TGS 2009: Wrap-Up

Tokyo Game Show 2009 has wound down now, but before we all head home, here's a collection of closing thoughts from the team.

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Ricardo: There was a lot of talk about how underwhelming the show was this year, and that's partially right. The number of exhibitors was down from last year (show documentation we got at check-in showed 180 exhibitors this year versus last year's 209), which led to fewer games, 879 last year versus 758 this year. There also weren't any brand-new, earth-shattering games announced, just publishers doing follow-up, like Microsoft showing off Japanese Natal stuff behind closed doors and Capcom making an announcement on Sony's motion control. There was still plenty on display at the show, but it didn't have the kick of stuff from last year's show, like the Halo 3: ODST announcement, the Little Big Planet Metal Gear level pack, and Square's Mega-Theater. That said, the show was still crowded, and there were lines aplenty. I'll follow up with more on the show in a bit. Until then, here's a collection of thoughts form the team.

Laura Parker: This was my first TGS, so I hardly knew what to expect. People told me Tokyo was a crazy and exciting place. They told me I had to prepare myself for not only the language barrier but a host of bizarre experiences related to video game culture. Now that it's over, I can hardly believe I was so scared. It was an amazing week, full of cultural wonders, new things to see and do, and, of course, great culinary treats.

The Tokyo Game Show itself was very hectic. I ran from place to place, always in constant awe at the sheer size and spectacle of what I was seeing. I was lucky in that I was able to play some of the titles I was most looking forward to: Okamiden, Halo 3: ODST, Heavy Rain: The Origami Killer, and Left 4 Dead 2. I also had a chance to see Project Natal behind closed doors, which impressed me and turned me into a skeptic at the same time.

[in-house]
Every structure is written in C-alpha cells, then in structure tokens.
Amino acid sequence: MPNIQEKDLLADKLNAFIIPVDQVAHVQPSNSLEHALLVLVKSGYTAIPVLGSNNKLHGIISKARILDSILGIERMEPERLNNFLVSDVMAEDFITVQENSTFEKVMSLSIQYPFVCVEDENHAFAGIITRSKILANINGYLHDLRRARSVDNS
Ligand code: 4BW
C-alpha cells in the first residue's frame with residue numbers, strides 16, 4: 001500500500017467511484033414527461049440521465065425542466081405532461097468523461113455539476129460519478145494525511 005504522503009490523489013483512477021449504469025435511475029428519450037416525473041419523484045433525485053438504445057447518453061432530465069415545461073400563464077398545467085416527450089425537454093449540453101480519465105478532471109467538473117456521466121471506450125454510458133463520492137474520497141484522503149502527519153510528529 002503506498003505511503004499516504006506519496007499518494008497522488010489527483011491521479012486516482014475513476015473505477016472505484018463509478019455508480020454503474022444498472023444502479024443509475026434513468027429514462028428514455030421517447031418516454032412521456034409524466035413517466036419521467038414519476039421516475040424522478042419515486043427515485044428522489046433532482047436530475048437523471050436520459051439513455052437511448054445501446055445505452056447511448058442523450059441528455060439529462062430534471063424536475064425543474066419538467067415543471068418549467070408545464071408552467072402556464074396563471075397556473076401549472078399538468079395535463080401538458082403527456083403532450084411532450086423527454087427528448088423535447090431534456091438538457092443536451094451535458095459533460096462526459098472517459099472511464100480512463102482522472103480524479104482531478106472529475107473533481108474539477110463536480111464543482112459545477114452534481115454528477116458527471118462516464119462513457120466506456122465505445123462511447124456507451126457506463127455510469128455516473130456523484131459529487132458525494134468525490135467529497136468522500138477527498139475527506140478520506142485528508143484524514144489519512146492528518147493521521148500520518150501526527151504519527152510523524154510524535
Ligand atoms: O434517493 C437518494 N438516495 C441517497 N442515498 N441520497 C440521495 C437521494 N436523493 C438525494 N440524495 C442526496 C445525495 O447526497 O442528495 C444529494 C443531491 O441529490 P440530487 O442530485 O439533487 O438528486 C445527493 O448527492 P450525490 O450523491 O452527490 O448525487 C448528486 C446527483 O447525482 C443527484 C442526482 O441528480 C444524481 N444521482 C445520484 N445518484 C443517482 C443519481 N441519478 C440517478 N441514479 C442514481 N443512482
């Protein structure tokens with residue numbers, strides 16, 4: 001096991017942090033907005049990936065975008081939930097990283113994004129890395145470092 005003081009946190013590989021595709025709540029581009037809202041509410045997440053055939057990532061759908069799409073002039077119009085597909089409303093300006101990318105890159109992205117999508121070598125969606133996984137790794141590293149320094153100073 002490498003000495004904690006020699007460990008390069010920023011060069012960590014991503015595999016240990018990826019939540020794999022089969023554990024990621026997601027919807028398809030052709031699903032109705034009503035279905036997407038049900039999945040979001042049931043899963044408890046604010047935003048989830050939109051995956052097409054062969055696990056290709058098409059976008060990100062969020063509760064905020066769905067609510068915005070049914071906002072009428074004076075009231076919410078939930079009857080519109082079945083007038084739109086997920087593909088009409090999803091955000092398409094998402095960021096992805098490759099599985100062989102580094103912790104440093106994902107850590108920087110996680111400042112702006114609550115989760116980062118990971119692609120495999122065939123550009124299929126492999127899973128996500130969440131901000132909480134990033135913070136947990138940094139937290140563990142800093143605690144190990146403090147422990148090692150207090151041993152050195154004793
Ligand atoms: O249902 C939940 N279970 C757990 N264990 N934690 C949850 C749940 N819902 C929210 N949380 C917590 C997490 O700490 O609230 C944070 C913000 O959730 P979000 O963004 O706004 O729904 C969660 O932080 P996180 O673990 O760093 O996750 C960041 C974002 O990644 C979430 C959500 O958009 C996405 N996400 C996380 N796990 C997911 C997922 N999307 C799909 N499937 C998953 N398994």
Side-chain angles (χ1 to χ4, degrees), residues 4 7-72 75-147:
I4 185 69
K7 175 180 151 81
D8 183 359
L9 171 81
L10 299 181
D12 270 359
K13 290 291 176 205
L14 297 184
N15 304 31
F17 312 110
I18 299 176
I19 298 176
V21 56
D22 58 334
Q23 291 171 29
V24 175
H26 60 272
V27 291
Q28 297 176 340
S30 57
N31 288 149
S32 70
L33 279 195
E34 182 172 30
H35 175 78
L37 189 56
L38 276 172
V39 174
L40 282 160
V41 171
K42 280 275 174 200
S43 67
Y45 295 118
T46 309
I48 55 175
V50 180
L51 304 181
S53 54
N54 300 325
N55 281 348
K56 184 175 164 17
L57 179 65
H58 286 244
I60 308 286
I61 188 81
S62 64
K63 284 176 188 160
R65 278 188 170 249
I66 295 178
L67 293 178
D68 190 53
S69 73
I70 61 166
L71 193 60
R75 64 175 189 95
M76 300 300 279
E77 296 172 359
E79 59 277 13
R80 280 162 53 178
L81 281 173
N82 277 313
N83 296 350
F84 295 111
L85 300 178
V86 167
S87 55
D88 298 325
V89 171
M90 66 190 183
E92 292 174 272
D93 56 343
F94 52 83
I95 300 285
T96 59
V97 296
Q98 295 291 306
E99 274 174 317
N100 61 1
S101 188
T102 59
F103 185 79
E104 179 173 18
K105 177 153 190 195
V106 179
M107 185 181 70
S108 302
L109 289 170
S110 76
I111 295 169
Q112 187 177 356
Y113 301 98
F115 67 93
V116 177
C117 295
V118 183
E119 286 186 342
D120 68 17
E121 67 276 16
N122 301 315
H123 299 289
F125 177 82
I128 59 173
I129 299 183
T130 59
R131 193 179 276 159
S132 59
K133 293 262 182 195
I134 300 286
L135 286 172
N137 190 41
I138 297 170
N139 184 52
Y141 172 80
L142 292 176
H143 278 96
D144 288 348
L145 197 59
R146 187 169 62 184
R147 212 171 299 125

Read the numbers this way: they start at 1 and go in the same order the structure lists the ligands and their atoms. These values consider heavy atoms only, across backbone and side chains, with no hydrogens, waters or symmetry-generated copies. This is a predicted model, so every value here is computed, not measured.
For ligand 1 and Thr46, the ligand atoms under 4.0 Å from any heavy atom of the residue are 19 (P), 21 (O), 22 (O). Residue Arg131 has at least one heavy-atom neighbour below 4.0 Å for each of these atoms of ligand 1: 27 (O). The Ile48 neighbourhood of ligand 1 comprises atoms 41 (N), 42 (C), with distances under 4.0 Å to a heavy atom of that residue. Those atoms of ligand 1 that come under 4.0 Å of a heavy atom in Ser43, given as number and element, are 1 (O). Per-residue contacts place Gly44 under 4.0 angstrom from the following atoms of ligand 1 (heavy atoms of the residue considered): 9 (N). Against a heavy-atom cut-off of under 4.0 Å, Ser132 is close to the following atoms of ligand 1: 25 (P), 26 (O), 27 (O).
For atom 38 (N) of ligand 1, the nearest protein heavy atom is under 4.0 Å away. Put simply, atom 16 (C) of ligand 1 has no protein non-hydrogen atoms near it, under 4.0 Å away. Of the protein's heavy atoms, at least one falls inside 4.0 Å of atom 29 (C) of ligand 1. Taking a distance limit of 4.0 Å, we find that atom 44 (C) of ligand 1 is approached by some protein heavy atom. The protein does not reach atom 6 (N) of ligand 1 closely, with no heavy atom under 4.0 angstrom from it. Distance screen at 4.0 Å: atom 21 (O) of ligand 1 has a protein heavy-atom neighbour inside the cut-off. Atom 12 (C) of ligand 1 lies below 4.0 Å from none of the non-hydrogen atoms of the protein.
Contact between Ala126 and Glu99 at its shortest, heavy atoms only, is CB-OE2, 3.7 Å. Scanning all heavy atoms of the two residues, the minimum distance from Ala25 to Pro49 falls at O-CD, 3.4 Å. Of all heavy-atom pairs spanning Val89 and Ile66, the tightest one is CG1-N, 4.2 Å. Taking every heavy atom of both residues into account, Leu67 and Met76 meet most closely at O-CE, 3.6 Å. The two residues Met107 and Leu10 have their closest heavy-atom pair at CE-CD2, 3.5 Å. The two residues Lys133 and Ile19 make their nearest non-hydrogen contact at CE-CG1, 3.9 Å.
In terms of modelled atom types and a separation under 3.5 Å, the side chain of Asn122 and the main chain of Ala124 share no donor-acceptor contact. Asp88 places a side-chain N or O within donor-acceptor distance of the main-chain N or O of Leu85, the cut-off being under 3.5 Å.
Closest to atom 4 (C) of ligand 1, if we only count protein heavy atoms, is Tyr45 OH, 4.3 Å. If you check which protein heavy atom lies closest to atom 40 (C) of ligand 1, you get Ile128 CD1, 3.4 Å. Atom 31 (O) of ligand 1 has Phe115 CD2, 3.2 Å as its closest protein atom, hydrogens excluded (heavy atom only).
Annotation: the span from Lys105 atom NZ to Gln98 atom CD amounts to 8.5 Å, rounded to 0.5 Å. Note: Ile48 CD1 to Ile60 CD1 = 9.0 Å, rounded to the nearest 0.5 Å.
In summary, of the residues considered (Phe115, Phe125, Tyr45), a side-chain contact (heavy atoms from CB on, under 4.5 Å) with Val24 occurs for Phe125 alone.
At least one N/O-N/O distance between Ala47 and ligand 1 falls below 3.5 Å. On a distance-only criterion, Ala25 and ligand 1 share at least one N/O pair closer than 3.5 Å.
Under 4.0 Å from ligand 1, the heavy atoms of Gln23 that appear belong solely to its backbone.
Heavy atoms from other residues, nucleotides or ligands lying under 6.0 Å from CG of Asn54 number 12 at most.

I know people are saying that this year's TGS wasn't as big or as flashy as previous shows, but for me, a newcomer to the wonderment that is Tokyo and the gaming culture of Japan, TGS was everything I had hoped for.

Sophia: This is always an exciting time of year because we’re coming up on the holidays (yay games!), and the opportunity to leave the country for a bit to enjoy the food and games in Japan is a fantastic experience. This year’s TGS was not as big and flashy as last year’s, because a lot of the games that were here were demos we'd already seen before. E3, GamesCom, and TGS are so close together that it can be hard for publishers to put out something new each time. Nonetheless, TGS is always a ton of fun, and trying to decipher role-playing games in Japanese--frequently without a translator--is a challenge in itself.

It seems that a lot of great RPGs are heading to the handhelds, like Okamiden: Chisaki Taiyou, Lunar: Silver Star Harmony, Kingdom Hearts: Birth by Sleep, and Ninokuni. Another Professor Layton game is on its way, so I will have plenty of games to play during my long commute into work. It’s just too bad I won’t get to play these during my flight back to the States. It has been a long week, and we’re all exhausted, but it was worth it. We’ll see you next year, Tokyo!